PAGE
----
Revealed: Our changing travel tastes, by guidebook sales

Revealed: Our changing travel tastes, by guidebook sales

On the list of the top 25 bestselling guidebooks I am looking at, a dozen involve just two nations.

France appears three times with whole-country guides; three more cover Paris; and individual guidebooks to Corsica and the Dordogne make the French score up to eight.

Italy is the other high performer: two whole-country guides, plus individual books for Rome and for Tuscany & Umbria.

The remainder of the list focuses on particular patches of the world:

  • City guides to Amsterdam and Prague
  • Country guides to India and Sri Lanka
  • Regional guides to Central Asia, southeast Asia and Vietnam
  • Westbound: only New York and the Caribbean make the cut from the Americas

That leaves three of the 25 titles. Each of them indicates this is not a list from spring 2024. They are all branded “survival kits”, and cover Israel, Jordan and Syria, and Cuba.

Israel and Syria are both on the Foreign Office no-go list due to the tragic conflicts in the region. Meanwhile, Cuba has lost its last regular air link from the UK, making the journey to the Caribbean’s largest island onerous and only for the strongly committed.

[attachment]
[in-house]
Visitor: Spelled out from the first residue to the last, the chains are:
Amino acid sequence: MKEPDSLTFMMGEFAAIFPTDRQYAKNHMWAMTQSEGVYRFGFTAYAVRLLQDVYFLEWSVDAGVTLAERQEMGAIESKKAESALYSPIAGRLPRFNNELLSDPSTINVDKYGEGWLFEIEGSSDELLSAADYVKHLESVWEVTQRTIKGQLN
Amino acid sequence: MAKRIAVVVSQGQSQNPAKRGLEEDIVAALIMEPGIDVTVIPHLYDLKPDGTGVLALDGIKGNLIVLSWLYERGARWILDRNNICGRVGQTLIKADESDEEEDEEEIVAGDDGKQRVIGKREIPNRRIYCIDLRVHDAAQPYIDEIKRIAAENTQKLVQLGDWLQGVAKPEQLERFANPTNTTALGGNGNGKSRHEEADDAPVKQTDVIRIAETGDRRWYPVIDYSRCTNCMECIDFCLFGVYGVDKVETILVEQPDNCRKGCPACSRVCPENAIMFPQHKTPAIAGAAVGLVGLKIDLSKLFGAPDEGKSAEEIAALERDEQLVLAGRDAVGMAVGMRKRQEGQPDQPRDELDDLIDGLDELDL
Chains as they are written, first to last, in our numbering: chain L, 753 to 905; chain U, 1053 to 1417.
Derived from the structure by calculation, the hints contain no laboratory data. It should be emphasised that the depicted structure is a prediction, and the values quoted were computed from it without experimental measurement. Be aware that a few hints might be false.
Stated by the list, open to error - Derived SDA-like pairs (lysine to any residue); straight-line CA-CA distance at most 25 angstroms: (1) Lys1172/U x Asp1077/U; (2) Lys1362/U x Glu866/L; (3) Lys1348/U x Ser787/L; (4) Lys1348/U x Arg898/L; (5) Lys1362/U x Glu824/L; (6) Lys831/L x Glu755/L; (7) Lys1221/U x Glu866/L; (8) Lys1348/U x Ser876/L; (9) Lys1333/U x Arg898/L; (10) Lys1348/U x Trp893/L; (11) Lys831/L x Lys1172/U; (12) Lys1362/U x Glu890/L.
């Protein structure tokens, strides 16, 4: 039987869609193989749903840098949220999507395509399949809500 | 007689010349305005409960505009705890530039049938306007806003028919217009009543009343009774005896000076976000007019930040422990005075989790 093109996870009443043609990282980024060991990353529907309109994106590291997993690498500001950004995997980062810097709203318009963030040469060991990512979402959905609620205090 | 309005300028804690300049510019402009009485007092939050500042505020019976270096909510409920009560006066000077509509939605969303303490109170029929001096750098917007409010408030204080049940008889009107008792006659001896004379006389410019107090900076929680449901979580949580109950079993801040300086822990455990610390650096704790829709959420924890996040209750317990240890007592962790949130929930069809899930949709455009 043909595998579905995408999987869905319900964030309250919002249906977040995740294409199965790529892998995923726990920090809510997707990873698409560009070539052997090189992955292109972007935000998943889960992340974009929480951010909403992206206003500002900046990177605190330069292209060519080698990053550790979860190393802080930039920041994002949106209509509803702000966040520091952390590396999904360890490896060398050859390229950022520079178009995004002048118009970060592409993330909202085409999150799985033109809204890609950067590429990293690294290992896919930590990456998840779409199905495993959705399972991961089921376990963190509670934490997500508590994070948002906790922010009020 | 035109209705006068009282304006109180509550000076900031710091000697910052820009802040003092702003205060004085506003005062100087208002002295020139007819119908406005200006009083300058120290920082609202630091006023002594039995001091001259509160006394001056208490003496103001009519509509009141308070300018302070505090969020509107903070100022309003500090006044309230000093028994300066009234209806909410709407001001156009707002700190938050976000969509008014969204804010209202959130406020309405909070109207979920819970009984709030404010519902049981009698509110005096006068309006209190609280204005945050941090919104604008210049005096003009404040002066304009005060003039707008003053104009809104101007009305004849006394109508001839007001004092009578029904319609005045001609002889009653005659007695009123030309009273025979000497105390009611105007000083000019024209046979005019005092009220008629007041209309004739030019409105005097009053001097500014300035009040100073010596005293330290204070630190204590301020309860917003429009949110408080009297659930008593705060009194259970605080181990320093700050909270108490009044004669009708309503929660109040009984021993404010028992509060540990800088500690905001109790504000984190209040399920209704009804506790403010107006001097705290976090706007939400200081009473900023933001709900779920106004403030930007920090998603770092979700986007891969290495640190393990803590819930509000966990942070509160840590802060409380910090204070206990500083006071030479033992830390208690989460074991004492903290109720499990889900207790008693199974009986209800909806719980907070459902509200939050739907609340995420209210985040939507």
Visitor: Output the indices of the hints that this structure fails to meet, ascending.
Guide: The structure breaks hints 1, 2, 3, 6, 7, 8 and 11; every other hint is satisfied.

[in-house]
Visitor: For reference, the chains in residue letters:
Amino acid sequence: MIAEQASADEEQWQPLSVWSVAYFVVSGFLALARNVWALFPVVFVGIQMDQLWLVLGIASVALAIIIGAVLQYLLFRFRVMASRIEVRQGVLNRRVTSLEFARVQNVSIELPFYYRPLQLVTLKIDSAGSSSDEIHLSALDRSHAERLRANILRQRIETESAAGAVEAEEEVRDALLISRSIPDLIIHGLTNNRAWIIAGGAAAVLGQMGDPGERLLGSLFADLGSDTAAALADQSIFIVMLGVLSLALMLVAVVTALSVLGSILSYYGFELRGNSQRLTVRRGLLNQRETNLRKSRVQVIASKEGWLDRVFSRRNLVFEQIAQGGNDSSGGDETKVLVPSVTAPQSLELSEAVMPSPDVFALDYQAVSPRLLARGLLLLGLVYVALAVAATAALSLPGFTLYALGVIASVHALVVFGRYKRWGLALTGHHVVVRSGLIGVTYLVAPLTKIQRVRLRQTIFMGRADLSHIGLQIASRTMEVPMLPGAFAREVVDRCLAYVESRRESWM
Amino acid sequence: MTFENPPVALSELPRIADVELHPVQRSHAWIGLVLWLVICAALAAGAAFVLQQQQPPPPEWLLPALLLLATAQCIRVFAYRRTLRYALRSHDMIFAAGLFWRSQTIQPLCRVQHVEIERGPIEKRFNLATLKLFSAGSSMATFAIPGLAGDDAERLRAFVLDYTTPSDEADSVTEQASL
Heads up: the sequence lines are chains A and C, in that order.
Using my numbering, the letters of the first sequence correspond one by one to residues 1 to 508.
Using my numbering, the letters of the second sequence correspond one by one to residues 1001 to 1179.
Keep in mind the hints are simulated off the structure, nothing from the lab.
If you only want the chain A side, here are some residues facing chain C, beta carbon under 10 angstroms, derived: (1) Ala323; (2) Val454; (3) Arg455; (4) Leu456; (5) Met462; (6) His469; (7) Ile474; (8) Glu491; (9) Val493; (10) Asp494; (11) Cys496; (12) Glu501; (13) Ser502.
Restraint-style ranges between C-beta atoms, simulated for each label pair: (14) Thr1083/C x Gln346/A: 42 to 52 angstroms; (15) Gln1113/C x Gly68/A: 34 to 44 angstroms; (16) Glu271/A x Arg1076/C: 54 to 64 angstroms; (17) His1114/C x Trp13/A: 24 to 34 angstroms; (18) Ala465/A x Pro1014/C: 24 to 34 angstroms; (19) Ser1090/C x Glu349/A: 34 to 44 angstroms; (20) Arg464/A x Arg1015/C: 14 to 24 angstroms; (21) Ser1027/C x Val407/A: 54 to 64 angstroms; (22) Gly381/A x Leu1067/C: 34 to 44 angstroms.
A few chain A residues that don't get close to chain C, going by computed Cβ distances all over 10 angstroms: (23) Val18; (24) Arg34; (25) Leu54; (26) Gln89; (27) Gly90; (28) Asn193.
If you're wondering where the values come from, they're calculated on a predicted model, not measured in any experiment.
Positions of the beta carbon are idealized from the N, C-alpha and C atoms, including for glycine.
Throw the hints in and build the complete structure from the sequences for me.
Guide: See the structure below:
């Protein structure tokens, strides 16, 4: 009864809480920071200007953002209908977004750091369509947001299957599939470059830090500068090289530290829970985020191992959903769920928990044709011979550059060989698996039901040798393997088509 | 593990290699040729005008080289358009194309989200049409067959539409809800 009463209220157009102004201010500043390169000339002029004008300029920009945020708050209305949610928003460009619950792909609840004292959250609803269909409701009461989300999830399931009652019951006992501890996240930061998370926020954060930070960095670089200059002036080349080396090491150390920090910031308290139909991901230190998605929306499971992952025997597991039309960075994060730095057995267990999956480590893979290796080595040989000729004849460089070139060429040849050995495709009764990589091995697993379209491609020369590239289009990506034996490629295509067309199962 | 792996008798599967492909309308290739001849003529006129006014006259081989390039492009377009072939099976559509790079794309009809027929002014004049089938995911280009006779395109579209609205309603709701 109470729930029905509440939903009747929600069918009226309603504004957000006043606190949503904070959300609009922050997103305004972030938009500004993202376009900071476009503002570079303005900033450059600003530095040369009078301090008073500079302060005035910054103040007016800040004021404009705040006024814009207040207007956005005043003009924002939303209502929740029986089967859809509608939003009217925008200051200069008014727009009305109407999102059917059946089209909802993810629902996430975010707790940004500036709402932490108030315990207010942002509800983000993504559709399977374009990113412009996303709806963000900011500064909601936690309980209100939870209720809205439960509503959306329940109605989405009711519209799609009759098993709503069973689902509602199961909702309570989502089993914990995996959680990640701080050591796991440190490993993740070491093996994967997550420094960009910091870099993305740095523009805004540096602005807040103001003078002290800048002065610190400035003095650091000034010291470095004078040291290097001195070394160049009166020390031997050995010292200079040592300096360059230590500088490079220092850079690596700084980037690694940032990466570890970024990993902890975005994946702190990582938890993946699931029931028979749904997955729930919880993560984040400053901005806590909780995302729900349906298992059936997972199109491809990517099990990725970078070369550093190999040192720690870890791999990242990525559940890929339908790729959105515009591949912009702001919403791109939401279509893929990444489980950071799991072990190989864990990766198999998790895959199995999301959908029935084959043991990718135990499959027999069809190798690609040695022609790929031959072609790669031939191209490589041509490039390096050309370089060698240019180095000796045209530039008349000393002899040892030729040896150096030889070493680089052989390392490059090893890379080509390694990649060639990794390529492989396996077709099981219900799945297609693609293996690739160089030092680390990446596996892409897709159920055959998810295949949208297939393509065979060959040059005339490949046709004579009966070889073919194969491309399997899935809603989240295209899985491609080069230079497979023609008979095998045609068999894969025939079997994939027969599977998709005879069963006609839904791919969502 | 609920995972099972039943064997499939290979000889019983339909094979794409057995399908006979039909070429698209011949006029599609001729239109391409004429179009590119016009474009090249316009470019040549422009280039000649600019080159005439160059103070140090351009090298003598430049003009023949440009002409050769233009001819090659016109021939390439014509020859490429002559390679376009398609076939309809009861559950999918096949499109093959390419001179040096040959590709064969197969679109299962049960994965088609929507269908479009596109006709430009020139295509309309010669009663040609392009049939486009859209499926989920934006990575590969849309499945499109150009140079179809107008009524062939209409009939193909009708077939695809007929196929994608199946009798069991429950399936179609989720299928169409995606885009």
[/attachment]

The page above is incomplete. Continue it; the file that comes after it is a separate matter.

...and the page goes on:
The list was actually compiled for me by Stanfords, the world’s largest map and travel guide retailer, 30 years ago.

In May 1994, The Independent signed me up as travel correspondent. What were they thinking? Allow me a brief diversion into the circumstances. My CV read: “Aircraft cleaner, airport security officer, maths teacher, sound engineer, guidebook writer”. It was the last of these that provided the ridiculously lucky opportunity to follow in the considerable footsteps of the original travel correspondent, Frank Barrett.

With a particular interest in the guidebook world, in May 1994 I asked Stanfords for their bestsellers.

What a difference three decades make. After a slump in sales caused by Covid and the easy online availability of free information, travel guides are enjoying a resurgence. And the top 25 makes surprising – and heartening – reading.

The most popular countries by the number of titles are no longer France and Italy; Japan and Portugal have taken over. Each has three in the chart. Japan has two whole-country guides, with Kyoto and Osaka also appearing, while the other trio comprises Portugal, Lisbon and Porto.

City guides are remarkably popular. Amsterdam and Paris are still represented, and are joined by Athens, Berlin, Bologna, Copenhagen, Valencia (unbelievably the only Spanish location in either of the lists) and Vienna.

The region of Puglia boosts Italy’s showing to two. Norway makes the only other whole-European-country appearance besides Portugal. Going west, the Americas appear only once, in the shape of Costa Rica.

Going east, Lonely Planet’s Jordan is still there, minus the Syria component. So is the publisher’s Vietnam guide, now in its 16th edition. Georgia, Armenia and Azerbaijan keep up the eastward theme, bracketed by Bradt Guides to both Albania and Uzbekistan.

The transformation of the top 25 reflects changes in travel. In 1994, the Channel Tunnel had yet to open to Eurostar passenger trains and Eurotunnel shuttles. But France was still by far the easiest and most popular destination.